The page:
Duke students volunteer to beautify Durham
Slinging pitchforks full of mulch and hammering nails may not be what incoming students had in mind when they applied to Duke University. As the second week of classes begins at Duke University, however, Durham is reaping the rewards from a multitude of service projects fueled by dozens of student volunteers.
Although it was not in their academic curriculum, when the day was done, these volunteers could see the tangible results of their beautification efforts and could feel a sense of accomplishment for their hard work, fostering a connection to their new community.
Students who signed up to participate had the opportunity to learn about and serve with various non-profit groups such as Keep Durham Beautiful. Two Duke service programs, Project BUILD and the Law School’s “Dedicated to Durham,” have become particularly valuable partners to Keep Durham Beautiful in recent years.
August was a busy month for Keep Durham Beautiful volunteer projects in many Durham parks. The Duke students focused on Crest Street Park and Sandy Creek Park.
At Sandy Creek Park, near the intersection of Pickett Road and Sandy Creek Drive, 16 Duke Law School volunteers assisted other community members with several projects funded by a grant to Keep Durham Beautiful from the Durham Open Space and Trails Commission of Durham County. Students modified a fence to create a pedestrian entrance, connected landscape timbers for a mulched border around a swing, shoveled mulch and helped move lumber for deck construction.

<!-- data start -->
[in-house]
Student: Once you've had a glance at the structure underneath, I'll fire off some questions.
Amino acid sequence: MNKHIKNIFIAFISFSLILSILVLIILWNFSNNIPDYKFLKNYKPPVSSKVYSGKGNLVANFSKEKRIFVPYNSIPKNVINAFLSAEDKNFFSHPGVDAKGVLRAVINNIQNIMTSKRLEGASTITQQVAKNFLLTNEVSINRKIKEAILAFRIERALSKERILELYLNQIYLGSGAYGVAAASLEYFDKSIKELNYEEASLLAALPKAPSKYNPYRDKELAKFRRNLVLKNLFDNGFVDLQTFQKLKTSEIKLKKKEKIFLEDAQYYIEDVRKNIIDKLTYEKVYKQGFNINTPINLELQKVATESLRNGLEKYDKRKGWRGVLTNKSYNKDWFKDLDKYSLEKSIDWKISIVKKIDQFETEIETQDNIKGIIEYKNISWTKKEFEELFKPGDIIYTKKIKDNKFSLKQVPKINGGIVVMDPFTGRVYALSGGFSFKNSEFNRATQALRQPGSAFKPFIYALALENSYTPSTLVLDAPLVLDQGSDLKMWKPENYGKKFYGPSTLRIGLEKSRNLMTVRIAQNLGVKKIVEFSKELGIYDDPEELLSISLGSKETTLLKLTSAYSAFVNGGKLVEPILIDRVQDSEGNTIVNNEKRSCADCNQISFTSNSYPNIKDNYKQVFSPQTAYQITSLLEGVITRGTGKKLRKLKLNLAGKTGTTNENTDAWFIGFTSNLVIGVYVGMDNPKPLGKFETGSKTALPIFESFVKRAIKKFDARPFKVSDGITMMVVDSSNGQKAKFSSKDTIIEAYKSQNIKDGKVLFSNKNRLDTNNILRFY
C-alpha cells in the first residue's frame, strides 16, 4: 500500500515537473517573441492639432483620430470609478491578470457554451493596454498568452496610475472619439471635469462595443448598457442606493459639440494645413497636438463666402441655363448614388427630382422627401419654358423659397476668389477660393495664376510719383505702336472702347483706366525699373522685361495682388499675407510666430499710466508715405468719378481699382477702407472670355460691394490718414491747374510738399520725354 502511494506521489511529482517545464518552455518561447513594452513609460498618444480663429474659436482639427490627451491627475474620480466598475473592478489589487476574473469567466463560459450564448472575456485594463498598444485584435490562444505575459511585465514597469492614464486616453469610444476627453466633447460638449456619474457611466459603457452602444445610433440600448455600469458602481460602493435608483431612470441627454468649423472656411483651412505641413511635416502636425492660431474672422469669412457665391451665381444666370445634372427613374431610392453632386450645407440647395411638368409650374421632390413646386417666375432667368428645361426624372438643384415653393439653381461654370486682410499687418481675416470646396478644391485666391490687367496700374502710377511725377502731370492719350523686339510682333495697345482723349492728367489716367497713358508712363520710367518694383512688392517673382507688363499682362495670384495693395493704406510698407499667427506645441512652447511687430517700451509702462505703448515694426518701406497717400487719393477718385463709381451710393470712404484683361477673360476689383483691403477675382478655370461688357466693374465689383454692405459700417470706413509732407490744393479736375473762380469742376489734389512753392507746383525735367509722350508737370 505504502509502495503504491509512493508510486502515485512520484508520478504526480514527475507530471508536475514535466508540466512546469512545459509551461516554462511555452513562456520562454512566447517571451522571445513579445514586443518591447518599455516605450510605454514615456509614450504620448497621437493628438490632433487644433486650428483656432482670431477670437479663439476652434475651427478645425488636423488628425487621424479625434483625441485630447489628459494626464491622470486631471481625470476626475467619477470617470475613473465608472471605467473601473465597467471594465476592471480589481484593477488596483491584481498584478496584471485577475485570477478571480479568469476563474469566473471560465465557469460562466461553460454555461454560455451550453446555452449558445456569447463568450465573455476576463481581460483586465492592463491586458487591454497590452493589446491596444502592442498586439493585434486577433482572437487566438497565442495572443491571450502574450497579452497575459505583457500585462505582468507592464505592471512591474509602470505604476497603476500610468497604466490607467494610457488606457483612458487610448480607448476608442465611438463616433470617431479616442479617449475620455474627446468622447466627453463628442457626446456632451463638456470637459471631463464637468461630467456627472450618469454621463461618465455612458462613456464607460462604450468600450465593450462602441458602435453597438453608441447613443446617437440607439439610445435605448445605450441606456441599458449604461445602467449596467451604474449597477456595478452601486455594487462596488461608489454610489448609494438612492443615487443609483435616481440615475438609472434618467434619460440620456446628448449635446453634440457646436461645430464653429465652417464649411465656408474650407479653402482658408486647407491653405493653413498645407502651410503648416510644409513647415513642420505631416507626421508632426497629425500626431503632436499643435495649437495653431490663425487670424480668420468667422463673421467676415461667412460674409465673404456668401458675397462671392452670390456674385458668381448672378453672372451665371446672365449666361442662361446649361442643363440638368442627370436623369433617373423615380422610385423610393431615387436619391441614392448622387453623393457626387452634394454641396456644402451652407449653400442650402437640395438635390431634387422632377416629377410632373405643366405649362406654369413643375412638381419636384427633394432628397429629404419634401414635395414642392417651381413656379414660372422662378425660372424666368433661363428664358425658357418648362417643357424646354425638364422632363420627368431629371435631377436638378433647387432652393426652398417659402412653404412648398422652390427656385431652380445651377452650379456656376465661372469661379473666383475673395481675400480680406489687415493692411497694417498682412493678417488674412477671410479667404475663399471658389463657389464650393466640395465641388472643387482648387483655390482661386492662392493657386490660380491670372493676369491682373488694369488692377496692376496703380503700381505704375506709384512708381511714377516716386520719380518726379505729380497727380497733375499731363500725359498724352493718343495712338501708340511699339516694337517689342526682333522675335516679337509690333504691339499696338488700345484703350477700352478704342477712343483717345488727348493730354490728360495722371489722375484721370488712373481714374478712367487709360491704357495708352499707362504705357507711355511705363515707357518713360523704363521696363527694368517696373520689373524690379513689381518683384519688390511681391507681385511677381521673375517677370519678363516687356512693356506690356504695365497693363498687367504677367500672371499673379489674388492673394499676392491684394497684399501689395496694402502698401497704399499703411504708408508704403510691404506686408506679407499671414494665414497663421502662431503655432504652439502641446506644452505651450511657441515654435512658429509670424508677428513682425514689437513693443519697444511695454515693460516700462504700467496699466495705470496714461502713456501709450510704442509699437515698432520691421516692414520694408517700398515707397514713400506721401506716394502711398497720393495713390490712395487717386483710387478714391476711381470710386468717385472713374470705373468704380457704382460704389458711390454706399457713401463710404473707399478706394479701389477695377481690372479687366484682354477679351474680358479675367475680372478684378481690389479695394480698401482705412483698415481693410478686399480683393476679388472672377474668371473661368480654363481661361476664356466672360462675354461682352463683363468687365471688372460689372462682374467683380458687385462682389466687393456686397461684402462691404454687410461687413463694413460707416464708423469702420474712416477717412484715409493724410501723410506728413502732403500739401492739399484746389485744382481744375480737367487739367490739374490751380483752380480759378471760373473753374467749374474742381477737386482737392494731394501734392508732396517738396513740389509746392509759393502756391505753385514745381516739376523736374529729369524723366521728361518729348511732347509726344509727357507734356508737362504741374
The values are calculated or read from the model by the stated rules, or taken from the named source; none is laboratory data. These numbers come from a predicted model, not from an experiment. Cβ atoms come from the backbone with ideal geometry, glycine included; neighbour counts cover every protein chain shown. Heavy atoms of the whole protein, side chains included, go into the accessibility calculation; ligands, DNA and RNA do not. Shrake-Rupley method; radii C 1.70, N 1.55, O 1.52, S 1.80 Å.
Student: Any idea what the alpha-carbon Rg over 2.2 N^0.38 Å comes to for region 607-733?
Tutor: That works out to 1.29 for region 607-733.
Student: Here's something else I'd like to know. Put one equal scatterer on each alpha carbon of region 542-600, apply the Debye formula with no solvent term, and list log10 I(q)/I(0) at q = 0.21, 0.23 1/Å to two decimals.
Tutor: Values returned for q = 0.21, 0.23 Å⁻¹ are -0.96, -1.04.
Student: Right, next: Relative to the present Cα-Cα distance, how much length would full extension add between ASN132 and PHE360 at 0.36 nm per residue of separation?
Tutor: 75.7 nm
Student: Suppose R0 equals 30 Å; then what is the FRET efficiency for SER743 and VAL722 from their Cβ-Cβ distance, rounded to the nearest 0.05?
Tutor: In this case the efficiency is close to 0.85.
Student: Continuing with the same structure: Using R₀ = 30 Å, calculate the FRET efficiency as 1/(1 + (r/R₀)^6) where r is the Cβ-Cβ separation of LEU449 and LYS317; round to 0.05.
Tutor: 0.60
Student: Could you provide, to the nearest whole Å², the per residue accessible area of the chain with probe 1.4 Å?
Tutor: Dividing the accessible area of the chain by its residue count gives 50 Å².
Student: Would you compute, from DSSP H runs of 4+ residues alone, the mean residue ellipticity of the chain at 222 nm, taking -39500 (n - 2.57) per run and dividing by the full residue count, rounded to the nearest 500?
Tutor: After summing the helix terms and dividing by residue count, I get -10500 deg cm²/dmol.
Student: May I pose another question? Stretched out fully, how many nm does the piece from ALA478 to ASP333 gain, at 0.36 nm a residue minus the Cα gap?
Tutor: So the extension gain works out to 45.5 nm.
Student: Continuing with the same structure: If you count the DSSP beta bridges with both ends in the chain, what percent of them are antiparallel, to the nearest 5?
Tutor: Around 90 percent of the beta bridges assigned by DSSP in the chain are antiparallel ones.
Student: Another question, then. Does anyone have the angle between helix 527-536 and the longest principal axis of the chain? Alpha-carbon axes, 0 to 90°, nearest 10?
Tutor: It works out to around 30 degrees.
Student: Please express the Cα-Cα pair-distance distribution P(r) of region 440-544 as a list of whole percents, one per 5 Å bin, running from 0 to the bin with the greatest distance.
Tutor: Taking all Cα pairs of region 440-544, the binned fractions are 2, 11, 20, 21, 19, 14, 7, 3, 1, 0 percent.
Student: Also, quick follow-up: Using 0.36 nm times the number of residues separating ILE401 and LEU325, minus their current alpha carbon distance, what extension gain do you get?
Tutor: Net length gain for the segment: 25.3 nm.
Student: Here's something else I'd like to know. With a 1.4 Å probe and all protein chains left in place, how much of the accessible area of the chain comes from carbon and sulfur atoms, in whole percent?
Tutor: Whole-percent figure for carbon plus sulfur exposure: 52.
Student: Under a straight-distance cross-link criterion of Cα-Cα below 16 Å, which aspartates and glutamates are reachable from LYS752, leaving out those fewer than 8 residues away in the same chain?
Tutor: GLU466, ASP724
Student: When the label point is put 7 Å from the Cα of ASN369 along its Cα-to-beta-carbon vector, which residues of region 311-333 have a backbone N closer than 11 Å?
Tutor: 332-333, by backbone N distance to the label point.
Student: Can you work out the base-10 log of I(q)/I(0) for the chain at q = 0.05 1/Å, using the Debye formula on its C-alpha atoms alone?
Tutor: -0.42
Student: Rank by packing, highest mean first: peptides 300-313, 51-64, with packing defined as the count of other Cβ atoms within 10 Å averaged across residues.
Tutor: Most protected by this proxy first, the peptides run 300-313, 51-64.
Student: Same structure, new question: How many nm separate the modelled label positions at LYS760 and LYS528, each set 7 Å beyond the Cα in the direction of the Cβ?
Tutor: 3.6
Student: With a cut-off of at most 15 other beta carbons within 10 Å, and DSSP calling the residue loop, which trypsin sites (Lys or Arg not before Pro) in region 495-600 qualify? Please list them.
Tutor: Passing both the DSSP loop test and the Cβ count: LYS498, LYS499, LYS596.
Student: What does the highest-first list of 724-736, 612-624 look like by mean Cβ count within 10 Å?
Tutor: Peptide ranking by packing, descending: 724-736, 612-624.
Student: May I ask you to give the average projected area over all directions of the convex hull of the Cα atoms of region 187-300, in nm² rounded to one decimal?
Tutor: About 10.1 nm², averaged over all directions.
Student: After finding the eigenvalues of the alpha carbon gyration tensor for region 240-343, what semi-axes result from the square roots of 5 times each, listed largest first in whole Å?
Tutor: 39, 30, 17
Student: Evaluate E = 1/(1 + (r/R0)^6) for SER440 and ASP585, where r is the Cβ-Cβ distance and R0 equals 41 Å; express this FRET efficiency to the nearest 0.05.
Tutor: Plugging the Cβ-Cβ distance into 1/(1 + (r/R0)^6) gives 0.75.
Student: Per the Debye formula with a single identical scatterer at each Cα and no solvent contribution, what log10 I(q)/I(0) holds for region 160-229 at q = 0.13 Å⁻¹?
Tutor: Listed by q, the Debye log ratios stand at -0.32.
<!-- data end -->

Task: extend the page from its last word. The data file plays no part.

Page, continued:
At Crest Street Park, near the intersection of Hillandale Road and the Durham Freeway, 48 Project BUILD volunteers spread an estimated 100 yards of mulch along a hillside to beautify and protect 125 young trees previously planted by another group of Keep Durham Beautiful volunteers. Alex Johnson, City of Durham urban forestry manager, explained to the group that mulching the trees would suppress weeds, break down into nutrients and help the soil retain moisture so the young trees could flourish. City of Durham Parks and Recreation staff helped to prepare the site in advance and Duke Energy supplied mulch for the project.
These student-led projects serve to build relationships both among the incoming students and between the students and their greater Durham community. Chatting with the volunteers while we worked, I watched friendships develop and eyes open to the gems that Durham offers in its parks and beautiful spaces. Our community is richer thanks to these Duke service programs and the dedication of the young people who participate.
The 125 Project BUILD volunteers plan to hold a large litter cleanup service event in Durham as part of the upcoming Big Sweep in October. To learn more and join them in the Big Sweep, visit bit.ly/DurhamBigSweep.
Tania Dautlick is executive director of Keep Durham Beautiful, bout Keep Durham Beautiful, a non-profit affiliate of Keep America Beautiful that engages and inspires individuals to take greater responsibility for their community environment. Focus areas include litter prevention, recycling and waste reduction, and beautification. To learn more about other volunteer opportunities, visit www.keepdurhambeautiful.org or call 919-354-2729. Be sure to like us at www.facebook.com/KeepDurhamBeautiful or follow us at www.twitter.com/DurhamBeautiful.